WHERE ARE WE TODAY?
The attendees agreed that today most interaction is done on an informal basis at conferences or meetings. Members of the visualization community can meet and exchange information at three regularly scheduled conferences: the ACM Siggraph Conference, the IEEE Visualization Conference, and the DOE Computer Graphics Forum (DOECGF). The first two are conferences where one goes to learn about the latest research in the field of computer graphics and visualization.
The DOECGF is an informal meeting of representatives from DOE national laboratories and other invited federally funded organizations. DOECGF has met annually since 1975. Originally founded to discuss topics in computer graphics, the DOECGF has continually updated the topics of interest, and now deals predominantly with the many facets of scientific visualization.
All of these forums provide an important place for exchange of information, ideas, and algorithms. But if your algorithm is still in the developmental stages and you don't happen to attend one of these meetings or talk with the right person, you may be reinventing the wheel.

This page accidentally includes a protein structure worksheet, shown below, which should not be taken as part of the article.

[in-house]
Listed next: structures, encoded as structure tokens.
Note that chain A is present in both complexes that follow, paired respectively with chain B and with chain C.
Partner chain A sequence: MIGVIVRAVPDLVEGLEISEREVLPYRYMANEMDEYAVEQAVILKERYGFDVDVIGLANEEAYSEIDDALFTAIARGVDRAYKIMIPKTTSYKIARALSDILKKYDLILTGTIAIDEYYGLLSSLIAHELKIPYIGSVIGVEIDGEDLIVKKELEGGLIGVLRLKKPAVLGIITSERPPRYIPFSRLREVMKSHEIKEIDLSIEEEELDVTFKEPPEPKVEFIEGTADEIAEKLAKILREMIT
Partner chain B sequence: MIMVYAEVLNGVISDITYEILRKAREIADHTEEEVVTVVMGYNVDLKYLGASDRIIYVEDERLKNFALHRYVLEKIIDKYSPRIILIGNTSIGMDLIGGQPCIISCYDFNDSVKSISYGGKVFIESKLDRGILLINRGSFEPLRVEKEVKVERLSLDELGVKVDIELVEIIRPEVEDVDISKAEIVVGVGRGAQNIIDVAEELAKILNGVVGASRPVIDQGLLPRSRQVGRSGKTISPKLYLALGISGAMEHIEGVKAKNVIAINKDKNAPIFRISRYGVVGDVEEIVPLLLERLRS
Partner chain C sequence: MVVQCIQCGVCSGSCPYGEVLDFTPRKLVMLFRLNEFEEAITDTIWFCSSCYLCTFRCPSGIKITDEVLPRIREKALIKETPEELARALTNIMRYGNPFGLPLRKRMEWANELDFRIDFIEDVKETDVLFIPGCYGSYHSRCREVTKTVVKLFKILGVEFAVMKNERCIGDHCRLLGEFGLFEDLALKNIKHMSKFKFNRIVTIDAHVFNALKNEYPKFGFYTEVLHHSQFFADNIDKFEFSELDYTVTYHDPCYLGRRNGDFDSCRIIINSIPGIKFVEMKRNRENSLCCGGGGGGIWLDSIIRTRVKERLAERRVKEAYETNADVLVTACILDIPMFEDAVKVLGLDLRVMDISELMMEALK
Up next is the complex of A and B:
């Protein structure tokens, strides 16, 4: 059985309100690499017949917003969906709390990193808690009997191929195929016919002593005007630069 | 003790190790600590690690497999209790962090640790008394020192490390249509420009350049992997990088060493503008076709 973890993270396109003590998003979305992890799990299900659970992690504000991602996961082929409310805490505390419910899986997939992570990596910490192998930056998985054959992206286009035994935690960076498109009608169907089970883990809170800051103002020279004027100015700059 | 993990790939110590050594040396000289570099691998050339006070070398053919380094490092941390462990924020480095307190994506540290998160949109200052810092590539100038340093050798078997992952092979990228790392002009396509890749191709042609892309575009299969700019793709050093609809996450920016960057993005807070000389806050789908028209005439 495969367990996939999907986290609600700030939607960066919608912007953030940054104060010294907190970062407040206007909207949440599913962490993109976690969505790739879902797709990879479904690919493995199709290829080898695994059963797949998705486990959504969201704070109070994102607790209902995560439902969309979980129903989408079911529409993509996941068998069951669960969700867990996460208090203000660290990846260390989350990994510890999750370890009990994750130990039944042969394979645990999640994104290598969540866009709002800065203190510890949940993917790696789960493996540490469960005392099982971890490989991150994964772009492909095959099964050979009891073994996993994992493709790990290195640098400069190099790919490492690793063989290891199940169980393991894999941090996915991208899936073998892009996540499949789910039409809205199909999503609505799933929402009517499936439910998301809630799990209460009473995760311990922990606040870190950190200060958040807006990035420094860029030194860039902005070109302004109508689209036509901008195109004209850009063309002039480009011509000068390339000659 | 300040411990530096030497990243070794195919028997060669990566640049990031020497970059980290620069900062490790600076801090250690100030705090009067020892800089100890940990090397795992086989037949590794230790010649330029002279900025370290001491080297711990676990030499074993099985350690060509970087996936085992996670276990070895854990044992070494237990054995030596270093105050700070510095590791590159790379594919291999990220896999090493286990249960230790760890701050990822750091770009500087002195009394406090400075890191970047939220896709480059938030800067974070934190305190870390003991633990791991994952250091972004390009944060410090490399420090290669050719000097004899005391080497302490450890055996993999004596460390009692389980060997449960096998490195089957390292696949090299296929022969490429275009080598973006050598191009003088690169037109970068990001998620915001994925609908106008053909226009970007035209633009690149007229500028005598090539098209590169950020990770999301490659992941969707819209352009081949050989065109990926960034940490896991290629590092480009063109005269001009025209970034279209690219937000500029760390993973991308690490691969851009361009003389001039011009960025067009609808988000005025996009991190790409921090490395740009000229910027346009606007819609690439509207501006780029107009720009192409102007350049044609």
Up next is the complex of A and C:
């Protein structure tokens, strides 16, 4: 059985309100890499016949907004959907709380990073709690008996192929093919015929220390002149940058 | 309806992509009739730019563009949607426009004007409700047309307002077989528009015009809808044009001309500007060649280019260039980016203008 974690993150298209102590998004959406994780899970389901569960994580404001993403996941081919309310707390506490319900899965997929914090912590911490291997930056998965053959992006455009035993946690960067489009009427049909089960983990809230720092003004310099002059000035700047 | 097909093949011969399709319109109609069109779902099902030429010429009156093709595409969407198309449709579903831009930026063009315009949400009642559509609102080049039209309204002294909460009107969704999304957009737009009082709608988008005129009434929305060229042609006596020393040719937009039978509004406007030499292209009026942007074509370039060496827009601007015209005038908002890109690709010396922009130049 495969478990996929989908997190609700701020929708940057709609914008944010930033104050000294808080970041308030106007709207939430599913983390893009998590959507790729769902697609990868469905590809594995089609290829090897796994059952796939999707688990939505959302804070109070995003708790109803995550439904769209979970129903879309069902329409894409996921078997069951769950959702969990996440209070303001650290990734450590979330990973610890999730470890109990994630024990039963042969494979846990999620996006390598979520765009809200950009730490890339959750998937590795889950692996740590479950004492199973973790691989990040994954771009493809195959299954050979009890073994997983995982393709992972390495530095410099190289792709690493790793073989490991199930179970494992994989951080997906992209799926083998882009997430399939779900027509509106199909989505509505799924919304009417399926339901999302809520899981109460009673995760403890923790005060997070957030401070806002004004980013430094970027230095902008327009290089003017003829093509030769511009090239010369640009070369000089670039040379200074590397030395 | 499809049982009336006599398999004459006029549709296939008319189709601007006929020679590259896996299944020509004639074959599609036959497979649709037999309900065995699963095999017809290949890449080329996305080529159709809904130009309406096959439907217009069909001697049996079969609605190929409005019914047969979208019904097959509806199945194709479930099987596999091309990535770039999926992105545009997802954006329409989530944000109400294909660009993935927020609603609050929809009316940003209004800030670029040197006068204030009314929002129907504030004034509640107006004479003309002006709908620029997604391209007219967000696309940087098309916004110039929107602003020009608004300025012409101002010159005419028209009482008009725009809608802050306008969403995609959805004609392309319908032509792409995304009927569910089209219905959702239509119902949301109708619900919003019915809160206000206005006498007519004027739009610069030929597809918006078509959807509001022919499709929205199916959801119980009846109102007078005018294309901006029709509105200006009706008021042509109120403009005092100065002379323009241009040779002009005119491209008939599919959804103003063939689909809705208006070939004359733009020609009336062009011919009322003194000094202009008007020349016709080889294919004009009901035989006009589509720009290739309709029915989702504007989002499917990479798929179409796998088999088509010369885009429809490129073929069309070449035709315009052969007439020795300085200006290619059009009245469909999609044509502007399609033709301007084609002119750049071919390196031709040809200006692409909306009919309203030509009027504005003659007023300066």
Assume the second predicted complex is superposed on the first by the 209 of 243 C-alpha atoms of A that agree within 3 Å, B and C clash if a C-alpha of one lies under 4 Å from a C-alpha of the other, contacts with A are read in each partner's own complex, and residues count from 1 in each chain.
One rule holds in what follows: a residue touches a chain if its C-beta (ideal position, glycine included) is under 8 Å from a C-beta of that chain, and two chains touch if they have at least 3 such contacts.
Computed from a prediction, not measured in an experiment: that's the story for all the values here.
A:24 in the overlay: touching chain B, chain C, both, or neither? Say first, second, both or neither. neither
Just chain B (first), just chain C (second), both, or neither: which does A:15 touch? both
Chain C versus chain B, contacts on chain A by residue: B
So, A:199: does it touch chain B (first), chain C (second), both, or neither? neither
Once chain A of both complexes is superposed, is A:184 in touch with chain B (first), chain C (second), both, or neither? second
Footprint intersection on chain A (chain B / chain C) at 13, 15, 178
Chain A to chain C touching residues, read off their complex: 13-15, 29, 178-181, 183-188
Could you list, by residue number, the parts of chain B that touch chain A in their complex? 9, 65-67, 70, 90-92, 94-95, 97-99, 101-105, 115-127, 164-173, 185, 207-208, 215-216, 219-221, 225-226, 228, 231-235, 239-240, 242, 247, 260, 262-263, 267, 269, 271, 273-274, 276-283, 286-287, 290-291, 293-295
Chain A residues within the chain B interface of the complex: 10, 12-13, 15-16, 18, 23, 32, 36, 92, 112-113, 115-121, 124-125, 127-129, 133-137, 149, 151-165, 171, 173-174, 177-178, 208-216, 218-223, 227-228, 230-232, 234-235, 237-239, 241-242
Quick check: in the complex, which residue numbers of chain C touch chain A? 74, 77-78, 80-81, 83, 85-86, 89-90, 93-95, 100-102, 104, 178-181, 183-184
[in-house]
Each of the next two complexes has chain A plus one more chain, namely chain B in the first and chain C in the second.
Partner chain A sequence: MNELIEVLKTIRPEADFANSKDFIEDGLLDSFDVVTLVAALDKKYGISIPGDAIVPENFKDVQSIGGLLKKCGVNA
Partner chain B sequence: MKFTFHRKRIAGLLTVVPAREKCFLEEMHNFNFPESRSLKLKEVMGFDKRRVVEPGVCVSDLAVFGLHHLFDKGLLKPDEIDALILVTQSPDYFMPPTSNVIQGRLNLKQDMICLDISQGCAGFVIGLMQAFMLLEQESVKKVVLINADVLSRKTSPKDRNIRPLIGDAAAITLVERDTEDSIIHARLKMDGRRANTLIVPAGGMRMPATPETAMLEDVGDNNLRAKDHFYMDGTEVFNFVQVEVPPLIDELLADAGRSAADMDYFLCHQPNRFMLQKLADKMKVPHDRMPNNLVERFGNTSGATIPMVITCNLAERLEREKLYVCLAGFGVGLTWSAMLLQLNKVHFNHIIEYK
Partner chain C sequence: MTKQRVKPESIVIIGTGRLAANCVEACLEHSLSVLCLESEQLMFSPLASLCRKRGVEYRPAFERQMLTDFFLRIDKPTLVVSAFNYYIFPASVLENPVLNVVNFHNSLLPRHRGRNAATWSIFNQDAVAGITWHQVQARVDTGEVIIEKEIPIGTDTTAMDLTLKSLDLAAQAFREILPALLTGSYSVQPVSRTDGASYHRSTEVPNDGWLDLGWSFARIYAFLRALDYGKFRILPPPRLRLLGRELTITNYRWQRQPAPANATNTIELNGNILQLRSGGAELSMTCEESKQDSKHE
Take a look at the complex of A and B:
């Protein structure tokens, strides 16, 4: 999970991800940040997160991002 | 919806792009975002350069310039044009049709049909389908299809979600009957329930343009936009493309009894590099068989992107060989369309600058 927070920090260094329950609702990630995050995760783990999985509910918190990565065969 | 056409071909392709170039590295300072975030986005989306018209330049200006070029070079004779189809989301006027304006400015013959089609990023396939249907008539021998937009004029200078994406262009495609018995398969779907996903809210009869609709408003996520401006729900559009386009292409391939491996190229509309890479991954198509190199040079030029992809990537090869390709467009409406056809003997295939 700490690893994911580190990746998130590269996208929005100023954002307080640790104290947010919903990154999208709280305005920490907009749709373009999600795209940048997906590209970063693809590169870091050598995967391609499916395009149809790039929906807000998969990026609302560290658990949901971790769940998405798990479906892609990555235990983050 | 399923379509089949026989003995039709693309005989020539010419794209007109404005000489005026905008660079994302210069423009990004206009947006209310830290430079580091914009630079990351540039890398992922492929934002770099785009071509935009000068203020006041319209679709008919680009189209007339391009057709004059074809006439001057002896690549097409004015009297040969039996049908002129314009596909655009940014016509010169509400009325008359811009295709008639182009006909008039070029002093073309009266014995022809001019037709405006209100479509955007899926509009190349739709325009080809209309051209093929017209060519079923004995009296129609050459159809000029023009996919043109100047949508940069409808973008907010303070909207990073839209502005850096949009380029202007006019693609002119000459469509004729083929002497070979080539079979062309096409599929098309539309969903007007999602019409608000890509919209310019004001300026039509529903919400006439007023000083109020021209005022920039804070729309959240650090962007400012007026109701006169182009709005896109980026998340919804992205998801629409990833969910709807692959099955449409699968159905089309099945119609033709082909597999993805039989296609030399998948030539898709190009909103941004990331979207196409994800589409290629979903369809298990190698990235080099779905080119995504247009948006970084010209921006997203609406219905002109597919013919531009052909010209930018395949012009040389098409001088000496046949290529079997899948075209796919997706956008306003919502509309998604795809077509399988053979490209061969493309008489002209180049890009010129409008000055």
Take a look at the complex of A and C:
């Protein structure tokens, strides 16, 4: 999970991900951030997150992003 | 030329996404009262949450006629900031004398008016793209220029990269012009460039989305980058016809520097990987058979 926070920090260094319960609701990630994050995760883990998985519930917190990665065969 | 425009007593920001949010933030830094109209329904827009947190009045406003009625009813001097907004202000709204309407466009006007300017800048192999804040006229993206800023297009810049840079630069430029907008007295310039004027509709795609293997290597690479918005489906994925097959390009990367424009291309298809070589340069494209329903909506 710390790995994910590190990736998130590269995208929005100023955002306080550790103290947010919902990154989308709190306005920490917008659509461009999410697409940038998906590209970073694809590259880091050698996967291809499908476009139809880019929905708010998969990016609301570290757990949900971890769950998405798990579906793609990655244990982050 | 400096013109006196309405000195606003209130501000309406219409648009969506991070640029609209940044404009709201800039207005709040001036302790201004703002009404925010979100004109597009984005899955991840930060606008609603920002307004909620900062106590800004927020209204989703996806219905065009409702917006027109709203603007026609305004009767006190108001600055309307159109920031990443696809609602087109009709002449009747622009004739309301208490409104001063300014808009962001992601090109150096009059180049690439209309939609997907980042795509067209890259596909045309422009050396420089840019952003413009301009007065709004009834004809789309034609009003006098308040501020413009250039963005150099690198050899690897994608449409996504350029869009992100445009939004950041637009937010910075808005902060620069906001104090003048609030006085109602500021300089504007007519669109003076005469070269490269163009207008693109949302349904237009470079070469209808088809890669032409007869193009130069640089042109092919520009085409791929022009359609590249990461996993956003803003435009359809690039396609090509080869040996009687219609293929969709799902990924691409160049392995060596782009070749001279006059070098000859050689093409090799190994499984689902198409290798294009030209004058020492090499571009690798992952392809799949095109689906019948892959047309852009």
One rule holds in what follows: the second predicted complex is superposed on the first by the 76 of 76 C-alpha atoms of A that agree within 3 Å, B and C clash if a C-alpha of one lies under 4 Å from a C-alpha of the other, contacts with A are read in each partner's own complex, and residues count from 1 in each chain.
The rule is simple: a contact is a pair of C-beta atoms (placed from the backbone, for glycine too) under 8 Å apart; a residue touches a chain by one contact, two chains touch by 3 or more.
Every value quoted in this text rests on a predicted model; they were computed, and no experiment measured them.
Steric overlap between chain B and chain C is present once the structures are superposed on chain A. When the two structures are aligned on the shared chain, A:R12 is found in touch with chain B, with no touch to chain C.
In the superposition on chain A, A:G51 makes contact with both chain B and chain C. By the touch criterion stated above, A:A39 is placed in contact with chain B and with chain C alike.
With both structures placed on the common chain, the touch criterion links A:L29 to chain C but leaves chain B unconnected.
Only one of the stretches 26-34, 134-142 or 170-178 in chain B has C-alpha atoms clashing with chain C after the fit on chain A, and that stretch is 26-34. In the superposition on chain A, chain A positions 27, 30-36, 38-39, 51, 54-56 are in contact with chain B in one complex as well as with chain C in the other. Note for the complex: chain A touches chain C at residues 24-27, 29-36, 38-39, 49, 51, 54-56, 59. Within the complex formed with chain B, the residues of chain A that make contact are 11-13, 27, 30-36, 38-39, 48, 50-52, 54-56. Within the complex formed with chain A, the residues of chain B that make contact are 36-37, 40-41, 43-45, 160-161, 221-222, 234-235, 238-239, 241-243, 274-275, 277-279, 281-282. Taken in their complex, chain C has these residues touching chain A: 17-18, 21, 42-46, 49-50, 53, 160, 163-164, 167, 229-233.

Today, there is no formal mechanism in place for the exchange of software except for joint projects (e.g., ASCI). The attendees' consensus is that without a formal mechanism, interoperability will be difficult or impossible.
Most instances of interoperability that have been achieved to date have evolved out of interpersonal relationships of the people working on the projects. Only a few minutes of discussion at the workshop generated the following list of examples of this kind of interoperation between DOE sites:
- LBNL asked for and obtained a parallel polygon renderer developed at LANL and ported it to NERSC's T3E.
- Researchers at LBNL and SNL have exchanged AVS modules with researchers at other sites since AVS was introduced as a commercial product. Early in AVS' history, DOE sites exchanged source code with AVS. In some cases, software contributed by DOE sites made its way into the commercial product.
- LANL developed a way to easily integrate IBM's Data Explorer product with Builder Accessory. The Data Explorer team is trying to modify their product to make integration with Builder Accessory an easy service for their customers. LANL also worked closely with the Data Explorer team to suggest modifications to their product to improve usability and performance. Some of these have been integrated into IBM's product.
- LANL is working with Argonne to obtain and modify the CAVE software for the ASCI "Visualization corridor." They have already exchanged the CAVE software and are now working on modifications for LANL's specific needs.
- The Brick of Bytes volume rendering tool (called "BOB") has been used at LLNL, SNL, and LANL recently to do some ASCI visualization work. BOB was developed by Army Research Lab.
- All the DOE labs use the ImageMagick image conversion tool for all sorts of purposes including animation, web page production, and slide/viewgraph preparation. It is a very important tool developed and maintained by SDSC.